U.S. Treasury Secretary Jack Lew said on Wednesday the European Commission’s order that Apple pay back taxes to Ireland could negatively affect Europe’s economic outlook.

He made this observation at an event to discuss Washington’s position ahead of a meeting of the Group of 20 industrial nations in China next week.

“I have been concerned that it reflected an attempt to reach in to the U.S. tax base to tax income that ought to be taxed in the United States,” Lew said.

The ruling that Apple Inc pay up to $14.5 billion in back taxes, breaches international tax rules and sets a bad precedent for more actions against U.S. companies, Washington has observed.

Apple is not the only company to feel the heat from the EU’s ruling. Amazon.com Inc and McDonald’s Corp are undergoing investigations, while Starbucks Corp has also been stung by an order to remit more Dutch taxes.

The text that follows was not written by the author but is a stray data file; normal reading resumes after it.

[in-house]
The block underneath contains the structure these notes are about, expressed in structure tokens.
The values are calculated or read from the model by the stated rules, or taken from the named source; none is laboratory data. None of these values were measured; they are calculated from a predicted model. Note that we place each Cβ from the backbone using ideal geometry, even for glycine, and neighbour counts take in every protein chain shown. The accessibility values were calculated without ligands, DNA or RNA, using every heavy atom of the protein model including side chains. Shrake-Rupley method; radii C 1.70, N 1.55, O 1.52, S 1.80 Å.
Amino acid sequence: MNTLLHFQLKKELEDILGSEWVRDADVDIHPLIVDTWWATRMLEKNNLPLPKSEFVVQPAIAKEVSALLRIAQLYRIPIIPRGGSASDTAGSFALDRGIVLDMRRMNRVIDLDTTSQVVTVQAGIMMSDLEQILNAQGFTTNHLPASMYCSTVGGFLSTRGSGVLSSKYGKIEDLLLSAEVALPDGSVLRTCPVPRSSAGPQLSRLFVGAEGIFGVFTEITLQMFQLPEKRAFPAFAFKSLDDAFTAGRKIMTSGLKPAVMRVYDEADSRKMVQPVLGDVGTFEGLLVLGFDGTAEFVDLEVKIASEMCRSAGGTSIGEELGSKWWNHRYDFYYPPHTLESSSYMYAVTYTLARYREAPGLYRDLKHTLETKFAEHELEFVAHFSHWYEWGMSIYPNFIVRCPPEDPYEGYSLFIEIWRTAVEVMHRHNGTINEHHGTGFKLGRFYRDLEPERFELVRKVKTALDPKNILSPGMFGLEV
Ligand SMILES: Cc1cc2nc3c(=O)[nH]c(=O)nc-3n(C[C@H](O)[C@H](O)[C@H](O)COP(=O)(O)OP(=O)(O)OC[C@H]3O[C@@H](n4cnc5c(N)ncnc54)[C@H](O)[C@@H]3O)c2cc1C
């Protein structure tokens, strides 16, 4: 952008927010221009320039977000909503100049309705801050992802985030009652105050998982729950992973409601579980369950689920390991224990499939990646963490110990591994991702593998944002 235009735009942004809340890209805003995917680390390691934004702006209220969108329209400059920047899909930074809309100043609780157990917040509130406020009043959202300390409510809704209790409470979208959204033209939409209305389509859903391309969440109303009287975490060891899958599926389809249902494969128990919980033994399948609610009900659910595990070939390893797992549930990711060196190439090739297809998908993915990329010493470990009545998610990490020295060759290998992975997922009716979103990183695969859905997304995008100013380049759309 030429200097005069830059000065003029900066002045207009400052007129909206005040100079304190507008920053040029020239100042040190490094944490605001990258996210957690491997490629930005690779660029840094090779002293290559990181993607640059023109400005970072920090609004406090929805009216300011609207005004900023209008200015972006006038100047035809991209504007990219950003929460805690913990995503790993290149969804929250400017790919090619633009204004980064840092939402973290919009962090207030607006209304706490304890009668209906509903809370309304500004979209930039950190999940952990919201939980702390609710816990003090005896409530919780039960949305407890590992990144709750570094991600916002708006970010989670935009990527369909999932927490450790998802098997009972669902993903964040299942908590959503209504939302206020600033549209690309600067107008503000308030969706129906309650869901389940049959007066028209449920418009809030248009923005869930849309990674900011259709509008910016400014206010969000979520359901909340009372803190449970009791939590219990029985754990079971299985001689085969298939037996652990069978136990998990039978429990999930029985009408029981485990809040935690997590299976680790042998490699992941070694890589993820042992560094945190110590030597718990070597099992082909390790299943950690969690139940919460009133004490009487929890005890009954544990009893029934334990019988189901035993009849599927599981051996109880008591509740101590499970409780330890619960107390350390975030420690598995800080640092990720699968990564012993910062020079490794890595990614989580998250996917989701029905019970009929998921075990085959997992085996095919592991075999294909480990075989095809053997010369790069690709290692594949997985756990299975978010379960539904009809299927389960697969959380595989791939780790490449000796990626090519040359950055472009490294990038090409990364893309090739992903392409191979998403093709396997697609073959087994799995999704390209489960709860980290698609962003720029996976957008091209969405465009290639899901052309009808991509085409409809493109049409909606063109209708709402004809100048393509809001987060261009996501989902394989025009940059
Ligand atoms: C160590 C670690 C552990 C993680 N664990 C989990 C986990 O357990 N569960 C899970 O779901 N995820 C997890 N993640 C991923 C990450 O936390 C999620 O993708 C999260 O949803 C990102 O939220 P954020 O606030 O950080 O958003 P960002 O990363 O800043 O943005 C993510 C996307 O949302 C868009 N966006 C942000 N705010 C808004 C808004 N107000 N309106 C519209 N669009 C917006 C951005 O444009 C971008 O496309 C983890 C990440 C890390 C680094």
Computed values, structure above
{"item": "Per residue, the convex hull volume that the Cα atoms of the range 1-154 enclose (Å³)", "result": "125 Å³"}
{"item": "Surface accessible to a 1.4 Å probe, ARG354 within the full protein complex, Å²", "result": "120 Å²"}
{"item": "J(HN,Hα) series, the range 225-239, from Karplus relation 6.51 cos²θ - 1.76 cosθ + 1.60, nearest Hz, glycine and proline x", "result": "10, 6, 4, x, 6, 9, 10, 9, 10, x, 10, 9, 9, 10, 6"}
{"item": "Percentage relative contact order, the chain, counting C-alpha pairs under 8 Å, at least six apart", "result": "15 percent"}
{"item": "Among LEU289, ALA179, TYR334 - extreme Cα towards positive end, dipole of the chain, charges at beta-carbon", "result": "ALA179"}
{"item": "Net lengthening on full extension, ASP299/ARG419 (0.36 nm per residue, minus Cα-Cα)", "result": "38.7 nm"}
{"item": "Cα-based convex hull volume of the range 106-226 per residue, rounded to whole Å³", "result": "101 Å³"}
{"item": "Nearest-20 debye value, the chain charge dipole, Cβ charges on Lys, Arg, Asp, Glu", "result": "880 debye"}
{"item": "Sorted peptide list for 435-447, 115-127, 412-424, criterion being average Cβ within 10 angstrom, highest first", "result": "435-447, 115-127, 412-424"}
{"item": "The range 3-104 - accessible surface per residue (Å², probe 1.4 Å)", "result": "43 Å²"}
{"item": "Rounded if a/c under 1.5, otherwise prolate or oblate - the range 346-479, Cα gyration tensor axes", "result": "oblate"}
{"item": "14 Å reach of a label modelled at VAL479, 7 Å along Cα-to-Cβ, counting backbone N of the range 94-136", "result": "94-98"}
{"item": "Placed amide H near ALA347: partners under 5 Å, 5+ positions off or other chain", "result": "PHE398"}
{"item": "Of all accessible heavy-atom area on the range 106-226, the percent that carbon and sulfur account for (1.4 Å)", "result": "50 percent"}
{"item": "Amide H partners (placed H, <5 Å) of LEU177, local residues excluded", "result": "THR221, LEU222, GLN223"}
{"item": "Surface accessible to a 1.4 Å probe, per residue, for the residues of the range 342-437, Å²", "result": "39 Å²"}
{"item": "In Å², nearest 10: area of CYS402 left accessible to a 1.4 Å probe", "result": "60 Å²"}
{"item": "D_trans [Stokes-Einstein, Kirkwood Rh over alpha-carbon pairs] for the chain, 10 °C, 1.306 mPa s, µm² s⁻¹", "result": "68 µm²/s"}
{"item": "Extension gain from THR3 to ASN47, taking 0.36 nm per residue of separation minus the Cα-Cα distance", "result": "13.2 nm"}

Opinion is divided regarding the EU’s decision. The New York Times reports that Apple has long been accused of “being overly creative at avoiding taxes.”

Some politicians argue that the EU is overstepping its authority and putting its own interpretation on international tax law to “unfairly penalize” Apple.

Clark Gascoigne, deputy director of the Financial Accountability and Corporate Transparency Coalition reportedly said “it’s remarkable to think that the administration has been flying over to Brussels on taxpayers’ dollars to lobby the European Union against collecting taxes owed in Europe when they’re not collecting the taxes owed here.”

In 2013, Carl M. Levin, Democrat of Michigan, who was chairman of the Senate Permanent Subcommittee on Investigations during the investigation of Apple’s use of tax havens had this to say:

“The royalties Apple collects for its overseas sales of products designed and developed in the U.S. should be taxed in the U.S. But Apple has avoided the billions of dollars of taxes it owes the U.S. by transferring its intellectual property to itself in Ireland.”

Apple has said it will appeal the ruling.

 

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